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Study: Some prostate cancer patients could live longer with extra chemo


Men with advanced prostate cancer might live longer if given an inexpensive drug alongside androgen-suppression treatment, researchers reported Sunday.

In a study, the extra treatment improved survival in men whose cancer had spread to other areas of the body by 39 percent, NBC News reports. After 36 months, out of 790 men in the study, 136 who underwent androgen suppression (chemical castration) by itself died, compared to 101 who had that hormone treatment along with the chemotherapy medication docetaxel. "This study shows a remarkable and meaningful prolongation in survival for advanced prostate cancer," said Dr. Clifford Hudis, president of the American Society for Clinical Oncology.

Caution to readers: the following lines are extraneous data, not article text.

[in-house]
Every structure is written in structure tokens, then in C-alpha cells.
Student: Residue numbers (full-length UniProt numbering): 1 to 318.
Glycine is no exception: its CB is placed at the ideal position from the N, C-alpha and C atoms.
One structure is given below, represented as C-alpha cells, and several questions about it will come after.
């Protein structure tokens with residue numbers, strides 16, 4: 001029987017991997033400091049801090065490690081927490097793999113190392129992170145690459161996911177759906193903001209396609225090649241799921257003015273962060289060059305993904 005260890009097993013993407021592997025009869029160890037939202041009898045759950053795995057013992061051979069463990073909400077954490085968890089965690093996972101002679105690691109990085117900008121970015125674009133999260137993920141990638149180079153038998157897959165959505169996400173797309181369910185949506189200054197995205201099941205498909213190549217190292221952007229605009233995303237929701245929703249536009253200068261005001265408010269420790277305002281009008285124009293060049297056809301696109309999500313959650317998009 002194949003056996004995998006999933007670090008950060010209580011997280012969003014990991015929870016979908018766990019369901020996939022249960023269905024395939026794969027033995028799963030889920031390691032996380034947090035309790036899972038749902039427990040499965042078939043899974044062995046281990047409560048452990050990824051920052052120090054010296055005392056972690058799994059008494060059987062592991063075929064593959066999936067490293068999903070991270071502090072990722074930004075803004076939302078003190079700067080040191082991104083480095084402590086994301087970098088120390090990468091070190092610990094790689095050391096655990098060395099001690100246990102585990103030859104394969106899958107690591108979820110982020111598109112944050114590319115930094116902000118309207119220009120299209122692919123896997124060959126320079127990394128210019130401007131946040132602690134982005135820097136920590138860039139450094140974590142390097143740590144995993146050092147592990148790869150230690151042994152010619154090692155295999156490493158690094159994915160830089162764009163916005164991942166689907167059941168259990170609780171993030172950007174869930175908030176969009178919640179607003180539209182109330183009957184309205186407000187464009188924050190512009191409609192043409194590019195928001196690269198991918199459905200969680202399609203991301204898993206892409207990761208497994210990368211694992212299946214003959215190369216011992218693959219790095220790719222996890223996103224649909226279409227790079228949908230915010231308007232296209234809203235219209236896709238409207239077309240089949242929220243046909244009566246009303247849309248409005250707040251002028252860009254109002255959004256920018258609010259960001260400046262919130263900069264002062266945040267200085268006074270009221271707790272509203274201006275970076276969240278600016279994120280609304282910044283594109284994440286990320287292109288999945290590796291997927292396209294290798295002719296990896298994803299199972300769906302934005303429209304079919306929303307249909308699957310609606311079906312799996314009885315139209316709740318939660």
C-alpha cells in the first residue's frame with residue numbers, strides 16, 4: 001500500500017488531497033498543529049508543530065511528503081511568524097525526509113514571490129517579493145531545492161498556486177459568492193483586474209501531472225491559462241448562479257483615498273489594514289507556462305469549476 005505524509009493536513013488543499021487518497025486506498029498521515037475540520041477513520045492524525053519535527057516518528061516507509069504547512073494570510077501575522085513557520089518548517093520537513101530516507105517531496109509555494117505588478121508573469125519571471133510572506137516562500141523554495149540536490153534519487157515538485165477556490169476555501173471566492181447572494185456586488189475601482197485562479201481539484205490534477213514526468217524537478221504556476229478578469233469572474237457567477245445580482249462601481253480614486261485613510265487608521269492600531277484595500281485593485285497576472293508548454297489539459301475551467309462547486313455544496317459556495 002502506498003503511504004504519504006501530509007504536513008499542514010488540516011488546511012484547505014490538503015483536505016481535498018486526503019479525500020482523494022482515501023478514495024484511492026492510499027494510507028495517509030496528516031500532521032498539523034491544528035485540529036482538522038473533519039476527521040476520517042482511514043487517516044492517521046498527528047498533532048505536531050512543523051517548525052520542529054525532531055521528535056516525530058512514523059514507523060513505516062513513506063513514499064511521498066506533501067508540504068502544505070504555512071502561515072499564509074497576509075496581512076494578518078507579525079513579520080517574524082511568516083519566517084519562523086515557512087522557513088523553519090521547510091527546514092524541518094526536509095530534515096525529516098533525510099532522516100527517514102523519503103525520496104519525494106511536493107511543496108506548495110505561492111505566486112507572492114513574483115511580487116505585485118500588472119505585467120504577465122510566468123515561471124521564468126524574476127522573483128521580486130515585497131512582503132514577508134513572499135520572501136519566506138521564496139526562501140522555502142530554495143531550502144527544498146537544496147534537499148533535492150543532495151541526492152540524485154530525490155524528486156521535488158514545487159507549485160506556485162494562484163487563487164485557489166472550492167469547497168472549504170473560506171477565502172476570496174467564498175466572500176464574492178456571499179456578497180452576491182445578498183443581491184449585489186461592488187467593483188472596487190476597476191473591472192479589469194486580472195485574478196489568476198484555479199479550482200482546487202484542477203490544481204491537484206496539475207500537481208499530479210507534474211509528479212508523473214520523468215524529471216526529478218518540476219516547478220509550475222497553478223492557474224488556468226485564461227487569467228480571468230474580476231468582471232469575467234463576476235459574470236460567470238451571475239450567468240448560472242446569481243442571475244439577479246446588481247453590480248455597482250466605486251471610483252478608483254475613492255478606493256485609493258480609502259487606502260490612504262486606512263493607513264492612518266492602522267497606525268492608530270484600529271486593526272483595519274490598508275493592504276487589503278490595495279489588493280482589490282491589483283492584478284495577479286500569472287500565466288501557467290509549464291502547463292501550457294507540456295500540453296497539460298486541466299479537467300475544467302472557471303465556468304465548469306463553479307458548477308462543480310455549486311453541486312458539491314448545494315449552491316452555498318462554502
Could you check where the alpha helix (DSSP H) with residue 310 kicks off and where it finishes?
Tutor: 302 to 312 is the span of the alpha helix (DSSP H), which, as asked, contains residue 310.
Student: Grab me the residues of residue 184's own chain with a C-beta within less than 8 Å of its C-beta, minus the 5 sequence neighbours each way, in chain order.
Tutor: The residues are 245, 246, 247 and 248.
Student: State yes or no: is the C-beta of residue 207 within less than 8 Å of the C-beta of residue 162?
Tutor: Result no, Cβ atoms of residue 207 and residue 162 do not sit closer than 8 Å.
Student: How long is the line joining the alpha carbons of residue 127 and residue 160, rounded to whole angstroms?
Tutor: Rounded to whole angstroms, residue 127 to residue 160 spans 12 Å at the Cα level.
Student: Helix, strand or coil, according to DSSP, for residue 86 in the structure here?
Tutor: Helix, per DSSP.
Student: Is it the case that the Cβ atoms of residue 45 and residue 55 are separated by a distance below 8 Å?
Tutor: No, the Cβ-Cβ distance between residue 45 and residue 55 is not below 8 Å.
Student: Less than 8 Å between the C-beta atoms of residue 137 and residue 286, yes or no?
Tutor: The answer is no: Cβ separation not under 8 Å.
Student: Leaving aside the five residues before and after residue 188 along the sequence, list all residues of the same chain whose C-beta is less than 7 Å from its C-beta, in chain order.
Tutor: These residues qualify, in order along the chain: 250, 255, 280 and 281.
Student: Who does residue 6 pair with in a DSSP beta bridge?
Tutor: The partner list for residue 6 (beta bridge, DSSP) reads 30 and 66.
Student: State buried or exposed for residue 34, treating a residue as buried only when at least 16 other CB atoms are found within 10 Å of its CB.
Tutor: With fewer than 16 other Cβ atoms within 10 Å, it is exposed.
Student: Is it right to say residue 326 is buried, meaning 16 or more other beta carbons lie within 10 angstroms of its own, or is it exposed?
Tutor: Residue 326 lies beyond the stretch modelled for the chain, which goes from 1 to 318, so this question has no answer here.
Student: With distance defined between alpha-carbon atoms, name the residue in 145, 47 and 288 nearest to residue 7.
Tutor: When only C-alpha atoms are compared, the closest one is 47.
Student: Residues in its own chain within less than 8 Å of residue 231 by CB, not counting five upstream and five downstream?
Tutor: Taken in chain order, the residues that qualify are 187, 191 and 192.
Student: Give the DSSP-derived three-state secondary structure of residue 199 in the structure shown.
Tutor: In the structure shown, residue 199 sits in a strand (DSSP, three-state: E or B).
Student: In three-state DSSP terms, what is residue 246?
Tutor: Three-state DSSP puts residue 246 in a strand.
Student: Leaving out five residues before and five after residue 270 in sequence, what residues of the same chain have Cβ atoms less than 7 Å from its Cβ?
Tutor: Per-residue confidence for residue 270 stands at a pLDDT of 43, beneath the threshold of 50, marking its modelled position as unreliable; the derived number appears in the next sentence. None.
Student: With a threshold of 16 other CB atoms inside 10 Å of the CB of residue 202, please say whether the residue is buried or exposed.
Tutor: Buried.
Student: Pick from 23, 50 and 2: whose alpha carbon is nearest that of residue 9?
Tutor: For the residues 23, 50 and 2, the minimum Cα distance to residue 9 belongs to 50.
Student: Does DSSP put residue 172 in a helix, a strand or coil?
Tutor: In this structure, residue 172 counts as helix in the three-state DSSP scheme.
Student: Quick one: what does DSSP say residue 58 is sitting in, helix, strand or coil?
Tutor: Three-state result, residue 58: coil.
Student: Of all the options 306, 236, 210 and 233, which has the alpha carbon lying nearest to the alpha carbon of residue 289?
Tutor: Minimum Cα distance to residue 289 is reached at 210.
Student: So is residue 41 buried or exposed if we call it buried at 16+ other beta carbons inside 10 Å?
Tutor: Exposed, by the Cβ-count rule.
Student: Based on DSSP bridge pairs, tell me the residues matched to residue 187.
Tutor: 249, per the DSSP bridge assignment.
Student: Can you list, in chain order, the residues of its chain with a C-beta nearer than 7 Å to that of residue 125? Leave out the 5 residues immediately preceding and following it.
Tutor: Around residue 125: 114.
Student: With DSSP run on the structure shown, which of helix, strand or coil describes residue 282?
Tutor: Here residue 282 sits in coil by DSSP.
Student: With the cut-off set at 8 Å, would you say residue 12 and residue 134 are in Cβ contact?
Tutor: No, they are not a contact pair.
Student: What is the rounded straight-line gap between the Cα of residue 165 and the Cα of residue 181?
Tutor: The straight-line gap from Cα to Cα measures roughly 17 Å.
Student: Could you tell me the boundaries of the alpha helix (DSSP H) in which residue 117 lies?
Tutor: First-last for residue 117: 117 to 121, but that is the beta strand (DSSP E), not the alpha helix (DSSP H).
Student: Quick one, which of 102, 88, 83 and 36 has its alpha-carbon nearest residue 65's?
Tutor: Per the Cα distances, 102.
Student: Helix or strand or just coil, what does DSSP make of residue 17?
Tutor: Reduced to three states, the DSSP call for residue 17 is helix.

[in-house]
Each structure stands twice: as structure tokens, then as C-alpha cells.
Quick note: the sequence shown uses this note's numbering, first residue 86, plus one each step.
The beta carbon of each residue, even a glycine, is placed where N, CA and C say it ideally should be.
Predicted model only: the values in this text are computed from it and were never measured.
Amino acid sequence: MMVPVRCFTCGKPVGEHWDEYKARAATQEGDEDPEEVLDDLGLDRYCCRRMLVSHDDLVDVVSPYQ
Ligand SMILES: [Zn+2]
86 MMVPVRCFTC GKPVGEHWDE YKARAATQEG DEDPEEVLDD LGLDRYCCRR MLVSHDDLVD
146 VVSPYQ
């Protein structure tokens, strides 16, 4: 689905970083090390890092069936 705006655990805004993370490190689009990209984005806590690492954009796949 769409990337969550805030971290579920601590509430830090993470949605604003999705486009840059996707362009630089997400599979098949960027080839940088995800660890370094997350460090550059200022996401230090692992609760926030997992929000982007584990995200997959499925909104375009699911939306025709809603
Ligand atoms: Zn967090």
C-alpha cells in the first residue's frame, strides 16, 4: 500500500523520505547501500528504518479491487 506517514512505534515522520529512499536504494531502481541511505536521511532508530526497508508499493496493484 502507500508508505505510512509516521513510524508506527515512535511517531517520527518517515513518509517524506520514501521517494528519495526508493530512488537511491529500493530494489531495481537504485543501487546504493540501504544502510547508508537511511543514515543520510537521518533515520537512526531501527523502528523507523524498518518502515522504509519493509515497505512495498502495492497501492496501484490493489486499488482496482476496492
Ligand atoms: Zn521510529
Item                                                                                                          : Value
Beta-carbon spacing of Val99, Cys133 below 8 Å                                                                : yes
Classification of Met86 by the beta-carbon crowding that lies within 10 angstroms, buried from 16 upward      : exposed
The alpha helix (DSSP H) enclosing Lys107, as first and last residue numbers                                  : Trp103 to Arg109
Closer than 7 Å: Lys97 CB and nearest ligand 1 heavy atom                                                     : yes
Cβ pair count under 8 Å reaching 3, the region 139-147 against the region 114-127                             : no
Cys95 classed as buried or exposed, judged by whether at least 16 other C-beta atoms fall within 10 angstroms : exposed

Researchers say that moving forward, it's important for doctors to make sure patients are healthy enough to handle the chemotherapy, and for the public to realize this is about survival and not just disease control. Each year, more than 240,000 men are diagnosed with prostate cancer in the United States, and almost 30,000 die from it.